JS: Dark Passage started in 1998. Most of the core Dark Passage people came from the Brooklyn Cacophony Society, which had attracted all the right people–people who had the prankster attitude, who had been to Burning Man, who knew John Law, and who had that kind of playful conception of reality and fucking with other people. We had a few meetings, and– oh, we did a Starbucks prank in Williamsburg that was really funny–
V: Well, let’s hear it.
JS: In 1998, Williamsburg was just getting to be ‘hipster central,’ although it wasn’t nearly as bad as it is now. But it was definitely becoming a mecca for artists and hipsters. So real estate prices were going up, the stores were getting trendier, there were more cafés, and we felt that the Polish people, who were there before all of us, were getting edged out.
On Bedford and North Twelfth, which is on the main drag of Williamsburg, we decided to pretend that a Starbucks was coming to a vacant lot there. So we made a huge fake Starbucks sign and set up a table covered by a green tablecloth, with decanters where we served horrible coffee. One person played a really convincing wannabe sleazy petty Starbucks manager, and another person played his lackey who was handing out free samples–
V: Of bad stuff, I hope!
JS: Yeah, it was horrible. We brewed it in my apartment, and it tasted really, really bad. One of our guys got free Starbucks cups and little stickers from a real Starbucks, them being the idiots that they are! The cops showed up and said, ‘What are you doing here?’ We said, ‘Oh, we just want to introduce Starbucks to the neighborhood and get a feel for how we’re going to be received by the community.’ They said, ‘Well, you’re a big corporation, so that’s all right,’ and they took off.
We also passed out a survey which was completely ridiculous. It contained stupid questions like, ‘Do you own a VCR?’ Unfortunately, people were really eager to fill them out and to put their mailing addresses and email addresses on them. We ended up with several hundred surveys filled out, and it was mostly–I hate to say it–Polish people who were really into having Starbucks there. A lot of ‘hipsters’ were giving us the cold shoulder and looking at us like we were utter slime, and it was so great! It was just really funny.
That was a Brooklyn Cacophony event, and it was a good bonding experience. From there we formed a good crew that met once a month–this went on for a while. I met people from the Madagascar Institute; Caution Mike; Ryan O’Connor; Erok, who is this crazy and really brilliant fireworks guy; and Maureen from San Francisco; and Jeff Stark, who came a little later. However, the Brooklyn Cacophony was very disorganized–it didn’t have any sort of leadership, which is always the problem with Cacophony. Finally this person Rich and I sat down and decided that we really wanted to do something like the Suicide Club: do urban explorations and stage events at abandoned places and unusual locations. We also wanted to incorporate costumes if possible, and we wanted to do that here in New York.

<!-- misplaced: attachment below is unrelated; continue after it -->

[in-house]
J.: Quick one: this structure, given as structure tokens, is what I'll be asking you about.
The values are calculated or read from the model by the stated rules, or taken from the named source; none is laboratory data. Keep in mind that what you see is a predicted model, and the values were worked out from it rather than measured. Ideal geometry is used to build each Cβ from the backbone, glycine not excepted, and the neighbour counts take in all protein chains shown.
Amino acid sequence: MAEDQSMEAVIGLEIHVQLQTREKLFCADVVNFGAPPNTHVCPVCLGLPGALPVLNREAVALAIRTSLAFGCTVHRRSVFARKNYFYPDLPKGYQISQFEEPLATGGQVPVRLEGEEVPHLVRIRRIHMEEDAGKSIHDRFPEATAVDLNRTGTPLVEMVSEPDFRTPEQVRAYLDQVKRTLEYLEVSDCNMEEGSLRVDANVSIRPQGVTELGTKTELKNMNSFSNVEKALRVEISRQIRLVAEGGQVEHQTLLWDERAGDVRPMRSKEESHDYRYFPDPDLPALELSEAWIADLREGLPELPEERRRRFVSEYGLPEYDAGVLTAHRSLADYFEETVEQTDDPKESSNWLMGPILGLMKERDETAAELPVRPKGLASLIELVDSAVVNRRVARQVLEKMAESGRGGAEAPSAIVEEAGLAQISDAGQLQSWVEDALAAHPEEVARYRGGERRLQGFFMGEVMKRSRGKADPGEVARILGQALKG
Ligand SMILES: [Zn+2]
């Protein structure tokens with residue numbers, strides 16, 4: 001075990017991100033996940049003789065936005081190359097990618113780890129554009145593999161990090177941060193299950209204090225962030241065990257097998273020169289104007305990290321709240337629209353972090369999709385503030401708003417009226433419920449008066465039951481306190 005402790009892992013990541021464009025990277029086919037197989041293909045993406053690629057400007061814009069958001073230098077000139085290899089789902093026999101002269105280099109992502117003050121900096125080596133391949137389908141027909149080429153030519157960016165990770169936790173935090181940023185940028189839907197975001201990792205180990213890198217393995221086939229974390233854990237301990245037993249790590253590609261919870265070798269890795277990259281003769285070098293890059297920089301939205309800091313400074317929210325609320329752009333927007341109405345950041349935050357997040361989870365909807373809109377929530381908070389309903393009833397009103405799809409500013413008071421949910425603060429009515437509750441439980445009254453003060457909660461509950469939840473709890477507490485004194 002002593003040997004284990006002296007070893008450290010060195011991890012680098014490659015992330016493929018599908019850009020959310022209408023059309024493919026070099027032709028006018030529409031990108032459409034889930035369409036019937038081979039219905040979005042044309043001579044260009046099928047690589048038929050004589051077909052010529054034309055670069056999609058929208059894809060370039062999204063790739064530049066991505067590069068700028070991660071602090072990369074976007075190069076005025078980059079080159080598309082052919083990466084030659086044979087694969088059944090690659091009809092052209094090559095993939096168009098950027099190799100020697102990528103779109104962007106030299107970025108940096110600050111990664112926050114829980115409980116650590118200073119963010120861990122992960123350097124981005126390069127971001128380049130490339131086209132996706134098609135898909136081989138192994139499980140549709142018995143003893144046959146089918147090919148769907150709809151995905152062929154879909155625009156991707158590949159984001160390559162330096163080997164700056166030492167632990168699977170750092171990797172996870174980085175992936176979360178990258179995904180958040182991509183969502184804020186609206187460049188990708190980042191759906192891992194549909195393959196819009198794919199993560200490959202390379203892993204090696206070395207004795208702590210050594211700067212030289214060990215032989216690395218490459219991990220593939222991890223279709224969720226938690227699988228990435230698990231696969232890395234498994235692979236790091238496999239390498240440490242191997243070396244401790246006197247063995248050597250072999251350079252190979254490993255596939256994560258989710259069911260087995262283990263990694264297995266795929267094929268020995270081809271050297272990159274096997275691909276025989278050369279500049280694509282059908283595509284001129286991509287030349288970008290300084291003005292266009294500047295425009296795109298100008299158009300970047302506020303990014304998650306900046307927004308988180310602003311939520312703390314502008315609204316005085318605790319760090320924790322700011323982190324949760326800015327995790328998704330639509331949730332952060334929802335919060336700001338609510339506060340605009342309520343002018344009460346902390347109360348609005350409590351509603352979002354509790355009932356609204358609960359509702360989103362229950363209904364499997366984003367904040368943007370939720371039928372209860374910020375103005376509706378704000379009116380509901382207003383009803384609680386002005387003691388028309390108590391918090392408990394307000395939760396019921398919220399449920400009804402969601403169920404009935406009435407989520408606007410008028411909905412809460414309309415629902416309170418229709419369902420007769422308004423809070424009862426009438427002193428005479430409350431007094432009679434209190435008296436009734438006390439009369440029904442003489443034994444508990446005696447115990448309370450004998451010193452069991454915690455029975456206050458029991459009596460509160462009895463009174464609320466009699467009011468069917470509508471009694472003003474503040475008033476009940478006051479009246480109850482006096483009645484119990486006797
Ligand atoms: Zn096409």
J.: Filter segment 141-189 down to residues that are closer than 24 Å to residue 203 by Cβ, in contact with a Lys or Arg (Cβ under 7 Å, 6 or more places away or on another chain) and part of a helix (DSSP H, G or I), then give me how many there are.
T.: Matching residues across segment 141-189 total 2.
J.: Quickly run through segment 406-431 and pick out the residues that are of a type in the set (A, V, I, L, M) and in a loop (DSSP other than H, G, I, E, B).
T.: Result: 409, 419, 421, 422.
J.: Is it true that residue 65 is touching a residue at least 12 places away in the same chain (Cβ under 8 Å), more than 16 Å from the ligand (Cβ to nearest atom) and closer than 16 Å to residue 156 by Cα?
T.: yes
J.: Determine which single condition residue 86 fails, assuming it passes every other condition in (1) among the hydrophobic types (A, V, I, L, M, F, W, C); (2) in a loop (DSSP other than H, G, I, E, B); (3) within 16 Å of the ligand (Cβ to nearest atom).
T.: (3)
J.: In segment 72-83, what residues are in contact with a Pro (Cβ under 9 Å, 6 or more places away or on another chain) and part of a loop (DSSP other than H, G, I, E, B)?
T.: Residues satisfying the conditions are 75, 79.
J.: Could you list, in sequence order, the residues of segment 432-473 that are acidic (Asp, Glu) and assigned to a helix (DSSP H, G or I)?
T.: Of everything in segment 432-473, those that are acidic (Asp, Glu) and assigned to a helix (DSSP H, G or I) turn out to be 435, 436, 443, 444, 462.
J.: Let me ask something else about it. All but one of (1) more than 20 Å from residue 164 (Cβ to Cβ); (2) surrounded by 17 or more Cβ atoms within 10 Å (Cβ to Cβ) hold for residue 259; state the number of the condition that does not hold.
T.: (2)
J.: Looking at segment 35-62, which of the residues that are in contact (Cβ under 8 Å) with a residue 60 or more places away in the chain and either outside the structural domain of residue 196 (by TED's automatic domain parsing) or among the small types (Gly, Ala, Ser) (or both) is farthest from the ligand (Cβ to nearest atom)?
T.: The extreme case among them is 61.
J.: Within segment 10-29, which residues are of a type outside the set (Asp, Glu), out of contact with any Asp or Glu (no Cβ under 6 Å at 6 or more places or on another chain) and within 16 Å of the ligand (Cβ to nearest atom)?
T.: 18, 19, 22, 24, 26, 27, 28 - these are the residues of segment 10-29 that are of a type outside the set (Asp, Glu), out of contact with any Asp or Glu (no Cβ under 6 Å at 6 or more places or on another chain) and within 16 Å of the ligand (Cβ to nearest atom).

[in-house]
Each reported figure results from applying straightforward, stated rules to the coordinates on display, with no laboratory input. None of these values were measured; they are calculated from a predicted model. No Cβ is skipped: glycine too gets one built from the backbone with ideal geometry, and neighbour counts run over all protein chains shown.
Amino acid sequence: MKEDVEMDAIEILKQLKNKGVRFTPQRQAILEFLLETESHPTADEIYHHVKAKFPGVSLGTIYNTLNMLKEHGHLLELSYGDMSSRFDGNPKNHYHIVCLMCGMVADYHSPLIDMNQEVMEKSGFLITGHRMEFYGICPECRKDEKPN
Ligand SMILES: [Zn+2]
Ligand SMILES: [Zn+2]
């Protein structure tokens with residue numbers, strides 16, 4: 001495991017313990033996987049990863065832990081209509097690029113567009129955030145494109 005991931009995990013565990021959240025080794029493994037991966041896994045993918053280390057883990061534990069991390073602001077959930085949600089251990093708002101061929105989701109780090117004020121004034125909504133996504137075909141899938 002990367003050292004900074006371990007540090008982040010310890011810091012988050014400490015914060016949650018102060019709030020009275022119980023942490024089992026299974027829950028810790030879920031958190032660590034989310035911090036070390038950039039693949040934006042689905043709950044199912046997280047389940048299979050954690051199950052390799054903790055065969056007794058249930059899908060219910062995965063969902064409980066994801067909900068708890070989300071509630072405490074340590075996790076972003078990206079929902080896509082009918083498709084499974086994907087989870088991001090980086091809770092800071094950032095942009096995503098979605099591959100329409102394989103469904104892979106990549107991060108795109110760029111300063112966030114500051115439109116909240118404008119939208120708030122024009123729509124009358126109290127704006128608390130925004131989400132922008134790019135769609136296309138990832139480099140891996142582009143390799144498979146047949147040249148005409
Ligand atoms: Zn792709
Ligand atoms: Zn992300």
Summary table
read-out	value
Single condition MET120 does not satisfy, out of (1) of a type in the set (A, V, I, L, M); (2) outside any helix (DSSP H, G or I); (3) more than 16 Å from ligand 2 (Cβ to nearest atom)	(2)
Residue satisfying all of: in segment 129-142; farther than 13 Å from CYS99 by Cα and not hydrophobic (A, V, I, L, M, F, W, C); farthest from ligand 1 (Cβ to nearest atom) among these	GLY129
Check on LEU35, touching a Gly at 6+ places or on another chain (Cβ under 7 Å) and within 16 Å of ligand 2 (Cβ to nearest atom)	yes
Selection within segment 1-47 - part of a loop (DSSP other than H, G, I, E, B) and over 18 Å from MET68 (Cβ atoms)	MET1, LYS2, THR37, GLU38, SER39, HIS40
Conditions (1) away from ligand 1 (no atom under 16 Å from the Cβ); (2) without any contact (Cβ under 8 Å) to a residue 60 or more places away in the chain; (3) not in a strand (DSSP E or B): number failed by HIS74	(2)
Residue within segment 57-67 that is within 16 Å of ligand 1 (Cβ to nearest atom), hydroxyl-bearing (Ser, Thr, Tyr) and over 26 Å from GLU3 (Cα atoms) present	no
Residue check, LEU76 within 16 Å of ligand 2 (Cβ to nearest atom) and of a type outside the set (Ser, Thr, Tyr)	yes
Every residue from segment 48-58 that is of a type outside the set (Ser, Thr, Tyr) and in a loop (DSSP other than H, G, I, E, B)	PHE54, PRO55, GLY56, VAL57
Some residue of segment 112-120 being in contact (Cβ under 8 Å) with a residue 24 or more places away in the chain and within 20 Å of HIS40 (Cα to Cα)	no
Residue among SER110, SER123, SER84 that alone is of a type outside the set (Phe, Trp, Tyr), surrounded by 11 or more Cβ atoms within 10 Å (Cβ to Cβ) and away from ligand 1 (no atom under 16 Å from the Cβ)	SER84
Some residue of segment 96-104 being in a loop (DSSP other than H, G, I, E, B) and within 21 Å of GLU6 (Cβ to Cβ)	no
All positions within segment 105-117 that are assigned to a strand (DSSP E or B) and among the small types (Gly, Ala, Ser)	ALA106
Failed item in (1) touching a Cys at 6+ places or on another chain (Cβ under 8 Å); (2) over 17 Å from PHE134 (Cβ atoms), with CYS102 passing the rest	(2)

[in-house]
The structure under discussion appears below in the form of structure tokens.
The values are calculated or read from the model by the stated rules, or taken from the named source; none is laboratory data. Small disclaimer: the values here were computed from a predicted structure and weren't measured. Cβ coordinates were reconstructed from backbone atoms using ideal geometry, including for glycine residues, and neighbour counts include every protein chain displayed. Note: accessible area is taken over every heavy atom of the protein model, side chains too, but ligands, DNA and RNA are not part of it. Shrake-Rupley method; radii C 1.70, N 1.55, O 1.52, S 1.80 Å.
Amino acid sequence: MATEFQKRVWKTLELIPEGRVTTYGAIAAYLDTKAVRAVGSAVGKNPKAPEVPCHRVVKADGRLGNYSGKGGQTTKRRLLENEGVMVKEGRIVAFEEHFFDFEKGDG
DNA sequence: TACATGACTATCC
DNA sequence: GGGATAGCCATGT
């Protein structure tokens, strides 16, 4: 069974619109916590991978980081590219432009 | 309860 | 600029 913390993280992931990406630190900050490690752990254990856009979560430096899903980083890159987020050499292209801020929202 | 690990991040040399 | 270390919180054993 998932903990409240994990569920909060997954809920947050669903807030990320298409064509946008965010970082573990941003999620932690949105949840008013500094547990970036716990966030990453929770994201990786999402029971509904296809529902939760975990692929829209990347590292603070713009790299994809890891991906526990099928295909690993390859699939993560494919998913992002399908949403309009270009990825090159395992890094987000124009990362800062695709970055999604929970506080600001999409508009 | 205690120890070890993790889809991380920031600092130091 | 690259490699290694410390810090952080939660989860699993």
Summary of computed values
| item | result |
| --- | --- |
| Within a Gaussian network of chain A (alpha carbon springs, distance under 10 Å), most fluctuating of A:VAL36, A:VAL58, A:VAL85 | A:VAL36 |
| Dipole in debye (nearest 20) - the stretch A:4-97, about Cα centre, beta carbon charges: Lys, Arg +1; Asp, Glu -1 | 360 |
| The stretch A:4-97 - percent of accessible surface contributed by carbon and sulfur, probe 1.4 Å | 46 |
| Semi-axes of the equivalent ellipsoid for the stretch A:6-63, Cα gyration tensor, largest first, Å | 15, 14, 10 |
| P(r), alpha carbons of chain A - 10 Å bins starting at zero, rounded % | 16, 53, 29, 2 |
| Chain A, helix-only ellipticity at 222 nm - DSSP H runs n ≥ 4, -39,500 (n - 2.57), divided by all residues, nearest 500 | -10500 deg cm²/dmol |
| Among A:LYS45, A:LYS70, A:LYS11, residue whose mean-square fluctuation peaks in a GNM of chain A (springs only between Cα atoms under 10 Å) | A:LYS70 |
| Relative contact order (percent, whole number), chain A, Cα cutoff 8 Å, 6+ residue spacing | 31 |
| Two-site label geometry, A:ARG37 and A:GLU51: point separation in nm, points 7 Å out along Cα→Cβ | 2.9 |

So in January of 1999 we officially founded Dark Passage, after the movie Dark Passage with Humphrey Bogart and Lauren Bacall, because that was going to be the subject of our first event. This event was timed to coincide with a BLF (Billboard Liberation Front) exhibit at CBGB’s, which Joey Skaggs, Ron English, Scott Beale and others from the West Coast participated in. This event was also an homage to the [San Francisco] Suicide Club. For that, Harry Haller gave us a lot of the back story for the Suicide Club and how they would organize their events. So we had five teams, all in 1940s costumes, placed all around the city to act out, quite faithfully, parts of the Dark Passage drama of Bogart escaping from jail, having to get plastic surgery, having to find his sweetheart . . . you know, that whole story.
We designated Vince Perry as the one who ‘had’ the plastic surgery, and he was generally the victim and instigator for whatever happened. You’re probably familiar with the movie; in the end, the hero has to change his identity. He’s an innocent man, but he has to go through plastic surgery. He wants to reunite with Lauren Bacall, so he leaves the country and ends up waiting for her in a restaurant in Peru, where they reconnect.
So at the end of our event everyone assembled at a bar (which is usually how these things end) called Between the Bridges, located in Brooklyn between the Manhattan and Brooklyn bridges. The groups had assembled their clues, picked up a bowl of goldfish (which is also in the film), and one of them had had ‘plastic surgery’ done on him, but he hadn’t yet met up with his sweetheart Lauren Bacall. So we told the groups that this was the moment that they would go into the restaurant, have the big banquet and meet their love.
Then we led each group, one by one, onto this rickety two-story ladder going up into the Manhattan Bridge which was under construction at the time. Then we led them down the bridge into a subway tunnel where we had found an abandoned track right next to a ‘live’ track. On that abandoned track we had built a banquet table with benches and a coat rack. We had a boom box playing ‘You’re Too Marvelous for Words,’ which was on the soundtrack for the movie Dark Passage. Ryan O’Connor, our chef, had laid out a big gourmet spread on the third rail, and everyone was hungry and ready to eat. All of us enjoyed a meal next to the passing trains, and that was the end of the inaugural event. The fun part was that it really was inside a live subway tunnel, with trains passing just a few feet away while we were eating! That’s how we started…